Project Profile: Cistern Captures Water at Georgia Tech Campus in Atlanta

March 24, 2000

When it’s completed this year, Georgia Institute of Technology’s Christopher W. Klaus Advanced Computing Building promises to be the gateway to learning. And ground around the new urban structure in Atlanta promises to be the water reclamation center.

No wasted water on this campus.

Rain leaders and rain gardens feed strained and filtered stormwater, cooling tower condensate, and pumped groundwater into two 100,000-gallon underground cisterns. A traditional landscaping irrigation system with pop-up sprinkler heads pulls water from the cisterns to water the primarily indigenous plants on campus.

“The irrigation system completely bypasses potable city water,” says Chris Finke, P.E., vice president of AEC in Atlanta. “Drinking water is spared, and plants are watered with 100% reclaimed water.”

As construction progressed on the 5-acre site, the water reclamation project was a central pivot point in a coveted Leadership in Energy and Environmental Design (LEED) “silver” designation from the US Green Building Council.

The cisterns collect water from three sources, and water from each source is filtered through active and passive measures to keep dirt and debris from entering the underground reservoirs. Active systems include mechanical pumps, filters, and separators. The rain garden is a wetland area with engineered soil, which passively filters runoff from the Klaus building.

These wetlands-like rain gardens feature layers of soil, rock, and sand in a composition that controls percolation through an underground collection pipe to the cisterns. Above ground, the rain gardens feature plant selections that will accommodate and thrive with high concentrations of water. Each entry point into the cisterns filters out the smallest debris and silt that could clog the pipes.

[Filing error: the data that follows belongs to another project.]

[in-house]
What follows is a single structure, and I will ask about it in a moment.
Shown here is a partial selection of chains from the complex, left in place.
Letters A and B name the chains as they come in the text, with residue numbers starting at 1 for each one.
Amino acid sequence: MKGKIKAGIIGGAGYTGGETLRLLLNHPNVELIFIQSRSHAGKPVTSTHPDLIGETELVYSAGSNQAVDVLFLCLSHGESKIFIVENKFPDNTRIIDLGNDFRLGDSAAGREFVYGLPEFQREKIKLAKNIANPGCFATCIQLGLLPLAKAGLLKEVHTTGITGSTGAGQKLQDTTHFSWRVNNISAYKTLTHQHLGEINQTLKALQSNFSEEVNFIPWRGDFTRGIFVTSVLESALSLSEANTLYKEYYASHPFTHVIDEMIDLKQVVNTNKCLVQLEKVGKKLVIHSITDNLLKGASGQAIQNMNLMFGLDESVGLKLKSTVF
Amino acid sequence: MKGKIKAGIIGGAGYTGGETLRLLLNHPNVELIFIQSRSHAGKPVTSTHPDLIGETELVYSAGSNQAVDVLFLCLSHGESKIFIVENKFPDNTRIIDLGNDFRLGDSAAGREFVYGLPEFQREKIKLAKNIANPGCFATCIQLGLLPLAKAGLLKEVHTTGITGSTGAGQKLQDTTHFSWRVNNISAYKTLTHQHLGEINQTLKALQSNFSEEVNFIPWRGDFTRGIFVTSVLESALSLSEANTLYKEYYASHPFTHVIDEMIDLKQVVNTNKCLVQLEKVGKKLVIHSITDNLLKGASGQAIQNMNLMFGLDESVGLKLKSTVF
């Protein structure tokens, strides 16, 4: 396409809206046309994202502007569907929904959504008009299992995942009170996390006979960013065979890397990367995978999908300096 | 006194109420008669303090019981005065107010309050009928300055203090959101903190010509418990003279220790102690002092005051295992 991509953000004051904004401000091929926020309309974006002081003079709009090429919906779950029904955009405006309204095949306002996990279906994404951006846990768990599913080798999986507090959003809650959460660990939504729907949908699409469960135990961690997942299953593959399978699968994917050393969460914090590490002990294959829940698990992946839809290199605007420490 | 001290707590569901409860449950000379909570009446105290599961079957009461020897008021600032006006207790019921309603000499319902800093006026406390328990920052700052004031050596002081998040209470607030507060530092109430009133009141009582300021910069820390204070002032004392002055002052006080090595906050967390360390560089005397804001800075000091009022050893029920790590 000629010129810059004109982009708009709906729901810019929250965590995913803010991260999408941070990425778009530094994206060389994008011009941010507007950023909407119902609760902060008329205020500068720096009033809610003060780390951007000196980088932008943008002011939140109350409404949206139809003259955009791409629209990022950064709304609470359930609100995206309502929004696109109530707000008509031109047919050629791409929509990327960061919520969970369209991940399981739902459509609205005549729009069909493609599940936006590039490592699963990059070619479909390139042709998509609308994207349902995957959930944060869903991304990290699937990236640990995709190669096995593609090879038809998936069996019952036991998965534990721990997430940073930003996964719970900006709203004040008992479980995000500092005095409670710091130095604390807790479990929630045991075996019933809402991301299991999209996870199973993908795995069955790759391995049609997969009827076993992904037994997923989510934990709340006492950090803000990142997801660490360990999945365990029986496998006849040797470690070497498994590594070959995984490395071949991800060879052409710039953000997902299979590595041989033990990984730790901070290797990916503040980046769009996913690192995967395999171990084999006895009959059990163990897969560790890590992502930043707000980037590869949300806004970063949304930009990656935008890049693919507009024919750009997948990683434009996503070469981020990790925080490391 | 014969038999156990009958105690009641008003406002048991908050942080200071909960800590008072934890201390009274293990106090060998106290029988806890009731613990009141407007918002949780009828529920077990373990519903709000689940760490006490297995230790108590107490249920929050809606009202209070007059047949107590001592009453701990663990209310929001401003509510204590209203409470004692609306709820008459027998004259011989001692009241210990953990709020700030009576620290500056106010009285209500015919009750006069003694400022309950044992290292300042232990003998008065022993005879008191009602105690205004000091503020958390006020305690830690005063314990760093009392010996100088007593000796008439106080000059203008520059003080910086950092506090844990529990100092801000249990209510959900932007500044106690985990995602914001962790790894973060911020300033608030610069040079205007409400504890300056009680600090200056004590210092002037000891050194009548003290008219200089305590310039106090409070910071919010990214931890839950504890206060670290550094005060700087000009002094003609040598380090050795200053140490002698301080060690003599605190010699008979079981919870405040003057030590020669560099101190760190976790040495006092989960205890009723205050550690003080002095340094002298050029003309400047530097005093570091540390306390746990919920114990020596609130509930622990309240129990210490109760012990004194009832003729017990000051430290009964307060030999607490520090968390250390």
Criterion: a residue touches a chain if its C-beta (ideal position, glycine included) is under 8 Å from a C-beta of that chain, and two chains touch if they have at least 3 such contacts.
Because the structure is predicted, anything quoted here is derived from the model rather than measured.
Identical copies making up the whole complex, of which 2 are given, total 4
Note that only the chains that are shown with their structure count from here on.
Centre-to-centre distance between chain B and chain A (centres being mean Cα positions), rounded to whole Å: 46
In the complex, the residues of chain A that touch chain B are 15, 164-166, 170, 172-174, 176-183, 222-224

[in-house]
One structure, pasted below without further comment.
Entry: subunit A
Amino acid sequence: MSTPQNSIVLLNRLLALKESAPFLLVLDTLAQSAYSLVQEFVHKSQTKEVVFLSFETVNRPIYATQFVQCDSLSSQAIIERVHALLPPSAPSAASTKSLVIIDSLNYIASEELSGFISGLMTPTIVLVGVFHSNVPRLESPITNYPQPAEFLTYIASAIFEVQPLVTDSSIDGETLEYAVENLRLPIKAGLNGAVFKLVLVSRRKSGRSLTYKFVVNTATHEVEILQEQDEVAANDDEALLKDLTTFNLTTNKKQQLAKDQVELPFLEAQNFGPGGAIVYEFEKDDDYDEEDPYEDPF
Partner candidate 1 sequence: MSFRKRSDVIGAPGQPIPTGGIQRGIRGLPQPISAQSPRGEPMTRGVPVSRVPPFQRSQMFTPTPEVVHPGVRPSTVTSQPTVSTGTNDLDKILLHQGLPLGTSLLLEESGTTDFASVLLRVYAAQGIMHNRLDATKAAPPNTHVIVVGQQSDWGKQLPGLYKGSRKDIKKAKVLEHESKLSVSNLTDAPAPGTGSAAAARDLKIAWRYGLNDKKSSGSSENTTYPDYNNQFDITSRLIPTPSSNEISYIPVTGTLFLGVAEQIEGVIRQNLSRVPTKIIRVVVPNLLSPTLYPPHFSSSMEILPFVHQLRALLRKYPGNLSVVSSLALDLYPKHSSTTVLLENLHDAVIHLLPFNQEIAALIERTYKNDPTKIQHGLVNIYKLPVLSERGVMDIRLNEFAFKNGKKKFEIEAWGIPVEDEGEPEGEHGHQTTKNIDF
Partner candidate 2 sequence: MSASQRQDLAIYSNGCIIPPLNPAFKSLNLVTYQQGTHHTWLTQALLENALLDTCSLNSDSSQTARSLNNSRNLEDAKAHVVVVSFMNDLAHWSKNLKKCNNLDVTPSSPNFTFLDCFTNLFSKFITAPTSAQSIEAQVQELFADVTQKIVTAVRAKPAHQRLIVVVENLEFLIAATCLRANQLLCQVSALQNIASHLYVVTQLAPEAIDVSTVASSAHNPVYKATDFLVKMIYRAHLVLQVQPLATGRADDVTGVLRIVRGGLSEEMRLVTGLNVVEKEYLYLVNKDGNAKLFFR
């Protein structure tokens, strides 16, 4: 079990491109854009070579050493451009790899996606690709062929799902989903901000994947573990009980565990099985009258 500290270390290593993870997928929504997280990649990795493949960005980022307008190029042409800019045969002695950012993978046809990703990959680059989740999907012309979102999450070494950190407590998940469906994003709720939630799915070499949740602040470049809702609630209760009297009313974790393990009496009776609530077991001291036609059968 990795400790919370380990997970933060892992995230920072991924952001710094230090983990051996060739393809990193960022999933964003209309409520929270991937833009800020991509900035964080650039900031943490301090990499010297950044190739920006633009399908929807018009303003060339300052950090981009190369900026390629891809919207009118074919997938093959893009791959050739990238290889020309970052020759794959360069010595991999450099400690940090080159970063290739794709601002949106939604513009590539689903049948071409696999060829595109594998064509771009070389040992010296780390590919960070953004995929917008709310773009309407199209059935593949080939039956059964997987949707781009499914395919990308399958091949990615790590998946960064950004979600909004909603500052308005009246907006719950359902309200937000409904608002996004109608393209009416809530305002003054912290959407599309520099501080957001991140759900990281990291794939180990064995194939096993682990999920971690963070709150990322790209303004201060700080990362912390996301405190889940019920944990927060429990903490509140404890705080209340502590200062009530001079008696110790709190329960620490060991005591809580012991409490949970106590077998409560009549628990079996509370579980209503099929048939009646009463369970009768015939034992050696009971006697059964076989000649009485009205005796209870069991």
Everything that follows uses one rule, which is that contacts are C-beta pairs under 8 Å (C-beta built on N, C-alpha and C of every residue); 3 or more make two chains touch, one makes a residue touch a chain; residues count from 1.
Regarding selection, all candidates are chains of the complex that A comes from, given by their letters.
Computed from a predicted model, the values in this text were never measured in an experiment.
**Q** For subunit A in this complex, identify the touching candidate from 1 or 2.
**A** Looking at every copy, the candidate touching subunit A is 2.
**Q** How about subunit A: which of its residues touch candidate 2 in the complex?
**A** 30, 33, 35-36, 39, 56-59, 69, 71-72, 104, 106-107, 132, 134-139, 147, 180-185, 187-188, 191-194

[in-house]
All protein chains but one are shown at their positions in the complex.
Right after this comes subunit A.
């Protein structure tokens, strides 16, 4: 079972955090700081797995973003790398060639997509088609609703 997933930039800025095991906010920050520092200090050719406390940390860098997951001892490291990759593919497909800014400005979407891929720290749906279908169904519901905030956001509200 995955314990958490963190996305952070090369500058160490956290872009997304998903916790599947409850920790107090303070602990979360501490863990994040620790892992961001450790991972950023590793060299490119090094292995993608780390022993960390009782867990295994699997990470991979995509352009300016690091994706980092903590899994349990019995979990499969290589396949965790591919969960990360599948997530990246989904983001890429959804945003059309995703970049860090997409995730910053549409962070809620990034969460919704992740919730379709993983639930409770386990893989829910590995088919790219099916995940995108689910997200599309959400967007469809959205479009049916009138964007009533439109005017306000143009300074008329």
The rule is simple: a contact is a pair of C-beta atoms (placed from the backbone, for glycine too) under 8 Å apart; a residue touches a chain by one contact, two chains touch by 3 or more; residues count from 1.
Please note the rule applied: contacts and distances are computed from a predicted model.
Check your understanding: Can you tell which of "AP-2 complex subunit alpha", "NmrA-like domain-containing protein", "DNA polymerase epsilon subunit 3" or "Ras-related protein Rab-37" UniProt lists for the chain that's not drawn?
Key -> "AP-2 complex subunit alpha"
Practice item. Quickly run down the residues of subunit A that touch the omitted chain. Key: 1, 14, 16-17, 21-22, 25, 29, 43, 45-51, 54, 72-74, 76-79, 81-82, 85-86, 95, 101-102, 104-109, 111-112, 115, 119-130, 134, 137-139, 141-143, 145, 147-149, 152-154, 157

“I’m not sure if this is a unique runoff reclamation project,” says Mark Brandli, principal at Richard+Wittschiebe Architects in Atlanta. “But Georgia Tech is aggressively pursuing a tough environmental standard with innovative best management practices.”

The 200,000-square-foot building incorporates a three-level underground parking area set about 35 feet deep. During excavation for the 540-car parking deck, which will effectively replace one surface lot, contractors hit groundwater.

Finke says that the groundwater dewatering, which is necessary to maintain hydrostatic pressure, adds between 100 and 500 gallons of water per day to the cisterns. During the hottest summer months of June, July, and August, the cooling tower condensate adds roughly 2,000 gallons per day. Average rainfall adds another 9,000 gallons per day, for an average weekly water collection between 77,700 gallons and 80,500 gallons.

The cisterns hold enough water for about three weeks of irrigation, Finke notes. Three weeks is plenty to sustain Georgia Tech’s native landscaping choices through the typical southeastern drought, he adds.

Periods of heavier-than-normal rainfall will swell the reserves. But the engineers considered that in their equations. A pipe connects the two cisterns. When one cistern fills to capacity, water transfers from one cistern to the other. When both are full, the filtered surplus runoff is passed through the city’s storm sewer system.